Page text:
For example, SkyAuction recently put up for bid an inside cabin for an eight-night roundtrip Mexican Riviera cruise on Norwegian Cruise Lines from Los Angeles, sailing September 29. Just one month before the departure date, the winning bid was $756 per person, double occupancy, including all taxes and service charges. The cheapest cabin available for the same cruise on Norwegian Cruise Line's Web site started at $2,099.
Another agency that excels at last-minute cruise offerings is Moment's Notice. Search for cruises that meet your criteria for length, itinerary and amenities. The site will fetch cruises with different prices. (The site sells a variety of other travel products, too.)
Recently on less than three week's notice, you could have scooped up a seven-day Alaskan cruise on Carnival Cruise Lines, departing from Wittier, Alaska, on August 29. An interior cabin cost $962 per person, double occupancy (including taxes and fees).
Moments-notice.com stands out for offering vouchers for free second trips. These spiffs are usually hotel stays, not cruises. Recently, one such free trip was an seven-night stay for four people in a condo. (Taxes on the free trip are typically $50.)
European vacations are also best booked months in advance, but if your heart is set on taking a last-minute jaunt to Europe, you can still catch a good deal. One of your best bets is to head directly to LastMinute.com. Enter your departure point, destination city and target departure date (such as a specific day or "next weekend"). The site will retrieve a list of deals by price and length of stay.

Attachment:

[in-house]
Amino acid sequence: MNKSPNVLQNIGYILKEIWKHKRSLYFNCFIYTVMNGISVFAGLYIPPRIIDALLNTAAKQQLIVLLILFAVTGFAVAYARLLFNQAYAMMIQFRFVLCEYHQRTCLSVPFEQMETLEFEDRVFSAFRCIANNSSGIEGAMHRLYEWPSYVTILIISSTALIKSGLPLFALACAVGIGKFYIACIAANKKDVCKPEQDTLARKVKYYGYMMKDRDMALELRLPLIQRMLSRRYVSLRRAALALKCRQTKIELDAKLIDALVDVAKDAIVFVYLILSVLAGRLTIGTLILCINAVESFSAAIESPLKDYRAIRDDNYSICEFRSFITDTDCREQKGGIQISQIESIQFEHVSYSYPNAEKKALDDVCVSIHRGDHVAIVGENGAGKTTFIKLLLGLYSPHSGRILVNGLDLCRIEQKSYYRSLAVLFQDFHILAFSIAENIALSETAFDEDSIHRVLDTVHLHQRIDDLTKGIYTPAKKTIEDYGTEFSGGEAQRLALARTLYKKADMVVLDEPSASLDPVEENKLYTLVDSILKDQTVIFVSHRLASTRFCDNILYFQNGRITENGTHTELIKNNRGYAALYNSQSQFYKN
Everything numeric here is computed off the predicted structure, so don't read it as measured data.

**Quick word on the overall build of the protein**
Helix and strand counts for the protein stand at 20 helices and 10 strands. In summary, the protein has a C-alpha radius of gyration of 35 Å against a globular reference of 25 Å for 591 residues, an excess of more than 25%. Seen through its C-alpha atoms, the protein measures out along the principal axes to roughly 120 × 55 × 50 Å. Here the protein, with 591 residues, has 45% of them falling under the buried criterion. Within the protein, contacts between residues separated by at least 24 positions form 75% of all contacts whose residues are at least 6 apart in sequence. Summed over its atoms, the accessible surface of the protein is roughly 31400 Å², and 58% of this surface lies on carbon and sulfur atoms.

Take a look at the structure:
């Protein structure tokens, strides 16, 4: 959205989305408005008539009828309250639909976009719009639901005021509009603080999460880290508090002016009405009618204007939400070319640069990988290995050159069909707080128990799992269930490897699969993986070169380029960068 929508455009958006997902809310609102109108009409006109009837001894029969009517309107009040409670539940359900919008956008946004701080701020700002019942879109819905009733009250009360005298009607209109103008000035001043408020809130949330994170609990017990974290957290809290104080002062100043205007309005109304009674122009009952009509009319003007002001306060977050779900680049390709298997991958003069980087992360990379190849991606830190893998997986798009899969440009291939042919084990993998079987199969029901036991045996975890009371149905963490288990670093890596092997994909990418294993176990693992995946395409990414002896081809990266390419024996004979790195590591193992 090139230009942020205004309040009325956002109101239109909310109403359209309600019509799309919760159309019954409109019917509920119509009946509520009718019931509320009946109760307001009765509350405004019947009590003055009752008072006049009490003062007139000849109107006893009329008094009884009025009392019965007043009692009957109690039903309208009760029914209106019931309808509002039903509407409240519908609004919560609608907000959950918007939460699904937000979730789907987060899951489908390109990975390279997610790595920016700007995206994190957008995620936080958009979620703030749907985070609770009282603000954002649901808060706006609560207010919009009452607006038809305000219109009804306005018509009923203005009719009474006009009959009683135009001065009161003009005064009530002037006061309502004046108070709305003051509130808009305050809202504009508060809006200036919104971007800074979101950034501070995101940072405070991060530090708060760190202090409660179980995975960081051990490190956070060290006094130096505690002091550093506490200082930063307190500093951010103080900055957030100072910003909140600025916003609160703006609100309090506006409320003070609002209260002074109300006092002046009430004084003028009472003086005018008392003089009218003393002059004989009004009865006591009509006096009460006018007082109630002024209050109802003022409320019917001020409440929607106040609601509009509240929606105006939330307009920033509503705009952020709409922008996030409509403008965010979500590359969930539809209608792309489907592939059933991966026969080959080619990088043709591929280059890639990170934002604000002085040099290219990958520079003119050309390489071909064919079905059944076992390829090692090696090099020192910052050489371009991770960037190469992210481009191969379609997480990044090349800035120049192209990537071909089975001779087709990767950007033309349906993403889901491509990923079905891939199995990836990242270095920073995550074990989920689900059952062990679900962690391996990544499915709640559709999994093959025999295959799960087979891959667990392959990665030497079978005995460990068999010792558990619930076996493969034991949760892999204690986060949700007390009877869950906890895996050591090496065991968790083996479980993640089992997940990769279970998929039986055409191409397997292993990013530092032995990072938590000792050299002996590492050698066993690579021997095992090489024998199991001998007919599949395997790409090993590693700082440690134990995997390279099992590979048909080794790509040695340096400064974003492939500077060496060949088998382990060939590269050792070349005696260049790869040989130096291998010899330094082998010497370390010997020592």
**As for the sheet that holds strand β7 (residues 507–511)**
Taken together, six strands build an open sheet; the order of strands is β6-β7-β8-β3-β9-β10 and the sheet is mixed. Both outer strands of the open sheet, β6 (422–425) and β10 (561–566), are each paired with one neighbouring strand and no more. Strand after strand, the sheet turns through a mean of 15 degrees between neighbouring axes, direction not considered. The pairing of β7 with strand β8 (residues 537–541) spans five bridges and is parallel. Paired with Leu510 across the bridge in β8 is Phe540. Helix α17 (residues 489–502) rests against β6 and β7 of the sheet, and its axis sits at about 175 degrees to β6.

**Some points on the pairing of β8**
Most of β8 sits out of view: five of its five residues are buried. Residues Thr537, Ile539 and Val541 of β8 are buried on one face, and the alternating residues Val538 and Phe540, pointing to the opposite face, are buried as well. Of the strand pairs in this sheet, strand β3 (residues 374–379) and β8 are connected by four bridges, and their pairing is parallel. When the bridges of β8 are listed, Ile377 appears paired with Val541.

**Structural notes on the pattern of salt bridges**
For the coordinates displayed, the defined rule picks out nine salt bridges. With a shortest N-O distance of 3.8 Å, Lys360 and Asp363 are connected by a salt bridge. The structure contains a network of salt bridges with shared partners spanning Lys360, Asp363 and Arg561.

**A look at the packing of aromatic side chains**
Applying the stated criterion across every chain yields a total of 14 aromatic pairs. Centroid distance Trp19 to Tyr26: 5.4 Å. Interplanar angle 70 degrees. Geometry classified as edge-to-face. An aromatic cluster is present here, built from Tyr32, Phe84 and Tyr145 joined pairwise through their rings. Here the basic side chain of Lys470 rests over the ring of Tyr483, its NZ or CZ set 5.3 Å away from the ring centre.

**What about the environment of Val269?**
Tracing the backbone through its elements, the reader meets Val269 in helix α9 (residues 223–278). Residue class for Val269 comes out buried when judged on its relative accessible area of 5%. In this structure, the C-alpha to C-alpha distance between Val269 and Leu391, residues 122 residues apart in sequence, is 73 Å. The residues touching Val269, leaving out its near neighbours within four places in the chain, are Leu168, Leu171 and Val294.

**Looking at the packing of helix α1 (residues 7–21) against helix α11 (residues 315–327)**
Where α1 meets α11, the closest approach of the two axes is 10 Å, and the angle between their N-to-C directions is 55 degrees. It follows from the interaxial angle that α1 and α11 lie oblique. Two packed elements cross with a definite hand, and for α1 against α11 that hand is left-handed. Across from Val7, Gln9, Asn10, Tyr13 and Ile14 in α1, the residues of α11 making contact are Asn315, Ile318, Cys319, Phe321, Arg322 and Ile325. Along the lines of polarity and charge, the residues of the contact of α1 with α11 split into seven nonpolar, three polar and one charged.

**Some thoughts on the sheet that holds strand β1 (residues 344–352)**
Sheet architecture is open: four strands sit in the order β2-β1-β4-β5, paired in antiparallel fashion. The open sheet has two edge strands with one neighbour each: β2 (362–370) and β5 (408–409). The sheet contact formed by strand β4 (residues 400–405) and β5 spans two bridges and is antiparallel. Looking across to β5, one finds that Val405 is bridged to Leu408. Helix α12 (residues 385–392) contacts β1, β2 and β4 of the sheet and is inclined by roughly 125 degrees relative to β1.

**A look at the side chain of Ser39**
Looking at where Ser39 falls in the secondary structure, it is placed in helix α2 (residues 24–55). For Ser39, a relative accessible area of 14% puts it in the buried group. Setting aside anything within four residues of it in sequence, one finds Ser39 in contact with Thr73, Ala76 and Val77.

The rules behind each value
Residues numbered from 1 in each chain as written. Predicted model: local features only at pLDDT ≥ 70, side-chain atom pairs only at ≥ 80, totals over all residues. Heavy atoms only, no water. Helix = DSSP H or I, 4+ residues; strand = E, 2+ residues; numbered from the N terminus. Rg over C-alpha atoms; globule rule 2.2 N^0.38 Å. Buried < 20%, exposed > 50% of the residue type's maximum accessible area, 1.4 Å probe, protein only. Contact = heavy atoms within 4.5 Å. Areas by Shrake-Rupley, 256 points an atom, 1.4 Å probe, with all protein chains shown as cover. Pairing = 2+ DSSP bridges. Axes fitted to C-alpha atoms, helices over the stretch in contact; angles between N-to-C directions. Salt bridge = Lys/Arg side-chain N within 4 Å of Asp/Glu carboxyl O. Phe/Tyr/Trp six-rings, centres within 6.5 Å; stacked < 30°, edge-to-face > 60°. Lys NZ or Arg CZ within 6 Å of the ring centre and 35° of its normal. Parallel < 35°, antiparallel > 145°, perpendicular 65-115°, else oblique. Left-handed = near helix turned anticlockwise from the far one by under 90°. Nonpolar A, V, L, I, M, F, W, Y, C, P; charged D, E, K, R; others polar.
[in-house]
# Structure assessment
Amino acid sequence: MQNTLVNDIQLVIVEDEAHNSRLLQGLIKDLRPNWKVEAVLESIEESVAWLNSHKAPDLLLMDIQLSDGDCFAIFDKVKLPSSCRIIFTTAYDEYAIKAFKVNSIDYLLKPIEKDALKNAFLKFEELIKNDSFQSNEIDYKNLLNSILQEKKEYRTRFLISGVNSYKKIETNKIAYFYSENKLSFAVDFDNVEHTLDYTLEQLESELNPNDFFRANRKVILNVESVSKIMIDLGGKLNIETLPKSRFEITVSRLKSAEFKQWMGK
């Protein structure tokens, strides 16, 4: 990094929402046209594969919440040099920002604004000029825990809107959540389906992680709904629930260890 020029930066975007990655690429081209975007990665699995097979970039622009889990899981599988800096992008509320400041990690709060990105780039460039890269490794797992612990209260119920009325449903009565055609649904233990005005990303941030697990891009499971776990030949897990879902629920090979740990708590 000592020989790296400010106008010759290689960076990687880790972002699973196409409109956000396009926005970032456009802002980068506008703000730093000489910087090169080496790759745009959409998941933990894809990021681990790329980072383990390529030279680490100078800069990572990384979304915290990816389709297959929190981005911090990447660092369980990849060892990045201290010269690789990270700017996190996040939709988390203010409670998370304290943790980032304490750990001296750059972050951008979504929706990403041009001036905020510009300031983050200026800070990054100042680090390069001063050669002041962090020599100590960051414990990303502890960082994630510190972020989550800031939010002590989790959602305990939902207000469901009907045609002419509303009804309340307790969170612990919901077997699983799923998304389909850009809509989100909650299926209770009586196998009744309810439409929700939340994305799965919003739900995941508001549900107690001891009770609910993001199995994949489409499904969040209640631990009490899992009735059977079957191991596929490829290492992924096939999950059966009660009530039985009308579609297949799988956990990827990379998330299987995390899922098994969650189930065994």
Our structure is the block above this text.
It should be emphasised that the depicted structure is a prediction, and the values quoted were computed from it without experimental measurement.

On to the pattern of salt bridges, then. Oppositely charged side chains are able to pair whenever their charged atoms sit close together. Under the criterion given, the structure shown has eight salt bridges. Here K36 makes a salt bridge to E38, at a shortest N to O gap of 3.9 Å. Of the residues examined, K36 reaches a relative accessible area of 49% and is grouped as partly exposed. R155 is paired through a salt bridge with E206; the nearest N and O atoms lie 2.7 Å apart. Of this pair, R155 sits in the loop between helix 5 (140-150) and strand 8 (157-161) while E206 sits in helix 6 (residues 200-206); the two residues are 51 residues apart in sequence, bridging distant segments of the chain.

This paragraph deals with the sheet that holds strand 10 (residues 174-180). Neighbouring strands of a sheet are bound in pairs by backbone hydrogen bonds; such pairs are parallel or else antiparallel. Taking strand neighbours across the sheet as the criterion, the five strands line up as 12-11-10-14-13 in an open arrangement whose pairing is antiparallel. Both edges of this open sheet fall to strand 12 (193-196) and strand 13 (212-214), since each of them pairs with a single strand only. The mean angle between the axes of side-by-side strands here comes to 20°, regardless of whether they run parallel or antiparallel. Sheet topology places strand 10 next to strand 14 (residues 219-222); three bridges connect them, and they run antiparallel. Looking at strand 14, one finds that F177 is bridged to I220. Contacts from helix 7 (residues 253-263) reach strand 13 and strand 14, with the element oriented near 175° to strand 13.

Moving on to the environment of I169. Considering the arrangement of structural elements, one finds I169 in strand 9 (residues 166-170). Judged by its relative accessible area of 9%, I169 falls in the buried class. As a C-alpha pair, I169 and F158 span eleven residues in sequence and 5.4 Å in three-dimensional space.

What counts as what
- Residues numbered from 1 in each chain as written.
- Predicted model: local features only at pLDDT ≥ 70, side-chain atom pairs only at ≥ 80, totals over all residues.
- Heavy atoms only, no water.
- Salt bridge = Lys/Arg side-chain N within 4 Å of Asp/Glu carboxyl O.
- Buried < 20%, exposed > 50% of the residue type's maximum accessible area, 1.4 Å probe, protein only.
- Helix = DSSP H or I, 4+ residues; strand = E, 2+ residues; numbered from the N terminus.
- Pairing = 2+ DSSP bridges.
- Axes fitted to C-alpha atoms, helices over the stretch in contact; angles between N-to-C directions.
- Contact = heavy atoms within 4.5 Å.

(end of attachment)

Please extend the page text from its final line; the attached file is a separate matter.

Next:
Recently, on one week's notice, we found an offer for a five-night Belgian getaway over Labor Day weekend at the four-star Crown Plaza hotel in Antwerp. The package included flights on Continental Airlines departing from New York City. The cost was $943 per person, and that included all taxes and fees.
For last-minute hotel rooms in Western Europe in general, we recommend Laterooms.com, a British-based site that seems to have a broader selection of hotel rooms than Expedia and its rivals. For rooms in Italy in particular, we recommend Venere.com, an Italian-based Web site that lists rooms for several countries but boasts especially deep coverage of Italy.
For more advanced-level tactics for booking at the last-minute, we recommend HotelChatter.com, which gleans intelligence about the best and worst hotels from readers' missives and articles from top travel publications. (At the site, enter the search terms "last minute" to fetch relevant tidbits.)
Next: See 25 Best Travel Sites for more help in snagging a good deal online.